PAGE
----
Spokane Journal of Business

Spokane City Credit Union locks in on customer service

Longtime, small organization restructures its mortgage originations

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-—Kevin Blocker
Spokane City Credit Union’s Gene Fitzpatrick says the organization currently serves a total of 5,300 members, 60 percent of whom work for the city or are retired municipal workers.

Gene Fitzpatrick, who now approaches the first full year of his tenure as president and CEO of Spokane City Credit Union, says that since he took over, the institution’s focus has been on improving service for its existing customers rather than recruiting new ones.

“In April, we moved our mortgage origination program in-house. We can now originate our own loans, keep them, and service them here,” Fitzpatrick says.

He adds, “We don’t do VA or FHA loans. It’s all conventional, but that effort has been well received.”

Fitzpatrick says the credit union, with a total of 5,300 members, was able to simplify the loan process for customers and its loans officers by upgrading to new software applications.

“We’ve automated the loan process, and continue to explore other areas of operations where technology upgrades may be appropriate,” he says.

Founded in 1934, the credit union, located at 1930 N. Monroe, first began as an occupation-based credit union for city workers. It originally was named City Employees Credit Union of Spokane. Membership expanded in 1978 to include Spokane Transit Authority employees, and in 1980, the organization changed to its current name, and membership was extended to anyone who’s a Washington resident, Fitzpatrick says.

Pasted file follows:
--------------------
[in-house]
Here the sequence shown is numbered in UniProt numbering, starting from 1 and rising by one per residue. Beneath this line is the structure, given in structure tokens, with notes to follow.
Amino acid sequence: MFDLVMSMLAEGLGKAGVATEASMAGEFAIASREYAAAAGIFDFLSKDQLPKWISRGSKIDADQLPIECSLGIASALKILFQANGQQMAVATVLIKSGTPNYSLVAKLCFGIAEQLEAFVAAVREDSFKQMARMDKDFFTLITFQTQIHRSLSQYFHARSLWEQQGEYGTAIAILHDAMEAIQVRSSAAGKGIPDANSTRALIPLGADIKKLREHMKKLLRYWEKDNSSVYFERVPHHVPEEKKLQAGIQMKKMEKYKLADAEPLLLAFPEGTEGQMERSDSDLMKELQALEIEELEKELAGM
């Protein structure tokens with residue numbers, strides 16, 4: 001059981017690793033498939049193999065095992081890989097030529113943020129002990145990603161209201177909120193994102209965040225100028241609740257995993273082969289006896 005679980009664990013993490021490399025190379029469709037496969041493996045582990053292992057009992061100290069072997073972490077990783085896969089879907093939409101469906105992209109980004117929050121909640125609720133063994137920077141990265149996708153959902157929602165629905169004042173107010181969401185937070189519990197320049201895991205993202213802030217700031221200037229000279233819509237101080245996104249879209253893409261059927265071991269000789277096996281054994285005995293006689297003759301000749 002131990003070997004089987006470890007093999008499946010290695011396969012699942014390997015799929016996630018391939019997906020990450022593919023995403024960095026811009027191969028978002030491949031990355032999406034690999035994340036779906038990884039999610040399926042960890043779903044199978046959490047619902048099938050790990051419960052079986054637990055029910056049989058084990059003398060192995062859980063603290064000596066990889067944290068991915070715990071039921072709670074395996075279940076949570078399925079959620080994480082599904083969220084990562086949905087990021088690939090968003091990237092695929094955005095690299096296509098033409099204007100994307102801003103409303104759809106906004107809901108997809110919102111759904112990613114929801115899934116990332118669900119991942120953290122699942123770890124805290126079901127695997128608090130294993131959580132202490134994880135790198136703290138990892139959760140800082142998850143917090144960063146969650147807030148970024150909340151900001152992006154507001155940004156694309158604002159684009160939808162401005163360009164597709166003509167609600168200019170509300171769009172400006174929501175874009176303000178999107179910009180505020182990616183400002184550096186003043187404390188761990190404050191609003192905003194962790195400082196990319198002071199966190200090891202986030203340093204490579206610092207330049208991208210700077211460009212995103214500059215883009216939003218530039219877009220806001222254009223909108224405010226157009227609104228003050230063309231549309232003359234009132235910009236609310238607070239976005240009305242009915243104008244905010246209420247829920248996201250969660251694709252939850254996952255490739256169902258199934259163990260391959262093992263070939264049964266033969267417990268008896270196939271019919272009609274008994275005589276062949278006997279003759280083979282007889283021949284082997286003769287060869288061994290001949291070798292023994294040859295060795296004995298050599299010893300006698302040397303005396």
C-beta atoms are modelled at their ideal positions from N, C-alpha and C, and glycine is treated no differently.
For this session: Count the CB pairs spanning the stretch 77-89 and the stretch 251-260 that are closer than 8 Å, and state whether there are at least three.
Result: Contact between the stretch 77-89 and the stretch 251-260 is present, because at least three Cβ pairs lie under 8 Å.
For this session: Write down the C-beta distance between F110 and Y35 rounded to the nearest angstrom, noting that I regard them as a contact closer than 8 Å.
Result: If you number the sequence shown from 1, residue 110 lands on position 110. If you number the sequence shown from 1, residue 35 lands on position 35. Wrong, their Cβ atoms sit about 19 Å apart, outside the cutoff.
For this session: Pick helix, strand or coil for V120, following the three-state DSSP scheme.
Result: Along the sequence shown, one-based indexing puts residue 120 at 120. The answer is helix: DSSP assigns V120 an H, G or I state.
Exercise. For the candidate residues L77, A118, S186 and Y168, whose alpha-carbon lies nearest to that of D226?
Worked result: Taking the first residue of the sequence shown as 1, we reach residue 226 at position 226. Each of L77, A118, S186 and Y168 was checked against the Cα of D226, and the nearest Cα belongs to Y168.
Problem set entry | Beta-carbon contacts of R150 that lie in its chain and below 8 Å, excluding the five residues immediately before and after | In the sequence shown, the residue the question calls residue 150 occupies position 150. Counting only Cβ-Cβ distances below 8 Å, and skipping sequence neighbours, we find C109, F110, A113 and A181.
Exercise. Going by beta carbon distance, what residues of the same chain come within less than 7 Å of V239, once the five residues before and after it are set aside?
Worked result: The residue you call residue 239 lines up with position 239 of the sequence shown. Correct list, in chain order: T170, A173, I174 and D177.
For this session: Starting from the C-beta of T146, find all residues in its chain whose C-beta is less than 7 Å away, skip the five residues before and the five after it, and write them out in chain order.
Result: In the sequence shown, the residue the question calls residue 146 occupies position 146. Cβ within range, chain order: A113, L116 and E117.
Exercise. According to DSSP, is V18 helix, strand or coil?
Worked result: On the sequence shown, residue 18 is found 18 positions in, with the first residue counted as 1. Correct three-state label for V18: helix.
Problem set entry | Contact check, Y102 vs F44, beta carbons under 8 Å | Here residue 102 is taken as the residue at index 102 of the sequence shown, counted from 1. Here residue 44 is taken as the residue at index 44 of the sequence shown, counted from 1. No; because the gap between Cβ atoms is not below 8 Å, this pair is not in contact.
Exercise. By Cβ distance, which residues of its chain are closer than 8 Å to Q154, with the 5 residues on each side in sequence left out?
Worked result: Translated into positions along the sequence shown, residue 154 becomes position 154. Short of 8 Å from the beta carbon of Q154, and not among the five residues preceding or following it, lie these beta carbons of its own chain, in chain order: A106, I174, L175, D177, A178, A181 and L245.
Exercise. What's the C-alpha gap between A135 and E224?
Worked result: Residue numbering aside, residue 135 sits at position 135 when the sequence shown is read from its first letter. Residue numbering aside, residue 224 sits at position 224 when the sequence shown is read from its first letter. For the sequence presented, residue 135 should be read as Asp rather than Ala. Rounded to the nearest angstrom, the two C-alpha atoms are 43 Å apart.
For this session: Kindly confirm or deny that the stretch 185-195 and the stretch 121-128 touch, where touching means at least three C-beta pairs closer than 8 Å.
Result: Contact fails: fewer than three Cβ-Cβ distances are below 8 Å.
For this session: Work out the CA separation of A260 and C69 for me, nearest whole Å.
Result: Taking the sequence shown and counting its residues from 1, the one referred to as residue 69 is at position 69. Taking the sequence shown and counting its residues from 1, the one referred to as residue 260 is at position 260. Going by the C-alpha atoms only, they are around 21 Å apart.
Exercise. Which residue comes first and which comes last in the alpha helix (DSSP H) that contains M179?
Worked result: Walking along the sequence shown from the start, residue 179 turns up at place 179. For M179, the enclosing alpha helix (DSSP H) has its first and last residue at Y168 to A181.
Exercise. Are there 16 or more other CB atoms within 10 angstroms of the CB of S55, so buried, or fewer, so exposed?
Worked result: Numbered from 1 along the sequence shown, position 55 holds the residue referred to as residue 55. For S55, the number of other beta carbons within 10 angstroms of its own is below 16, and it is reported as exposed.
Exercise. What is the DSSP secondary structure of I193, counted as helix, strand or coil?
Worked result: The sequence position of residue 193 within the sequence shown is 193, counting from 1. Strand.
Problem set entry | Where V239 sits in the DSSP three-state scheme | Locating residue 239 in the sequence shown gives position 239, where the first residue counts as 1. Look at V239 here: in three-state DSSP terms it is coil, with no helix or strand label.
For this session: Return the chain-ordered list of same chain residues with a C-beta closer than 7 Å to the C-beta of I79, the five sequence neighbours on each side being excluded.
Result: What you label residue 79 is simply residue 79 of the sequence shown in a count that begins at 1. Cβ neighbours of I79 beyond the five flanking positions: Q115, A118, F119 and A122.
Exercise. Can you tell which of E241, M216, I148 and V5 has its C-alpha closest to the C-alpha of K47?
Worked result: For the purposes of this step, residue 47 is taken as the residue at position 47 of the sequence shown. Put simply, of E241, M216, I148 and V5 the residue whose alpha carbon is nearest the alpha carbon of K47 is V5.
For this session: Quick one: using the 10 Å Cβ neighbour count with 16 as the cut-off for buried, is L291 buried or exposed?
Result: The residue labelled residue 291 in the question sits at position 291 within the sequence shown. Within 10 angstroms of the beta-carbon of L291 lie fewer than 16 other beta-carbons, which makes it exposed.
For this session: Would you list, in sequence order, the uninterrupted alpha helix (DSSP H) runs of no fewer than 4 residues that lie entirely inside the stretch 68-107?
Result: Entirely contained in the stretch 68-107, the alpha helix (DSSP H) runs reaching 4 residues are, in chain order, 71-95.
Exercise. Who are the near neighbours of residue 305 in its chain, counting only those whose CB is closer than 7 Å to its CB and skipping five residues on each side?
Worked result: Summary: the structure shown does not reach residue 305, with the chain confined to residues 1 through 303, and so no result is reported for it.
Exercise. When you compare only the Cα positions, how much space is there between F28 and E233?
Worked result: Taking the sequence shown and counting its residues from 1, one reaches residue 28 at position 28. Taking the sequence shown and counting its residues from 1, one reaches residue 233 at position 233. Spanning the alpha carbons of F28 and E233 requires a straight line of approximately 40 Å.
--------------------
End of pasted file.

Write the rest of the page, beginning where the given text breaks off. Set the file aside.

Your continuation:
Fitzpatrick estimates 60 percent of the credit union’s membership to be either current or former city of Spokane or STA employees. 

Fitzpatrick says the credit union is considered a small financial institution, with $37.5 million in total assets under management and a full-time staff of nine employees. The credit union doesn’t offer wealth management services.

“We don’t have branches, and we’re not part of a network,” he says. “But where we’re mighty is that we have great customer service. The average tenure of our employees is 17 years. What that means is that we know our customers in a way that most banks and credit unions just won’t.”

He adds, “As a member—and as an employee—you’re going to get taken care of here. We think it makes for a fantastic circle and a great business model.”

The credit union offers mobile banking, online bill paying, remote deposit capture, and drive-thru teller service, along with a drive-thru ATM.

Fitzpatrick says the credit union is conservative in managing its growth.

“The Great Recession had a hard impact on all financial institutions, but we’re starting to grow again. We remain focused on our core (customer) groups, devoting our time and energy to them,” he says.

“We can’t go out and blitz the market with ads saying, ‘Take advantage of our new home loan origination program.’ We only have 2 ½ employees who are loan officers, so we don’t have the ability to take on that kind of volume,” Fitzpatrick says.

An avid baseball fan, Fitzpatrick uses the following analogy, “We’re not swinging for the fences looking for a home run at every at bat. We’re on base and moving around the diamond.”

Fitzpatrick says the credit union, which occupies a building constructed in the 1970s, is in early discussions of giving the building a more modern look.

“We think the North Monroe revitalization project can be a great opportunity for us to increase our visibility with the proposed change to the look on the street. It’s not that we’re for or against it; it’s coming. We want to put ourselves in a favorable position so we’re not hemmed in.”

Fitzpatrick succeeded Dennis Clinton, who retired as president and CEO of Spokane City Credit Union last August after working in that capacity for 38 years.

As for Fitzpatrick, who’s 60, he moved to Spokane from Boise in the early 1980s. His first job here was working for the former Old National Bank.

Fitzpatrick later worked as a state examiner for the Washington Department of Financial Institutions, which examines and regulates state-chartered banks and credit unions.

After leaving that position, Fitzpatrick worked for Numerica Credit Union and PrimeSource Credit Union, both based here, before taking the City Credit Union job.

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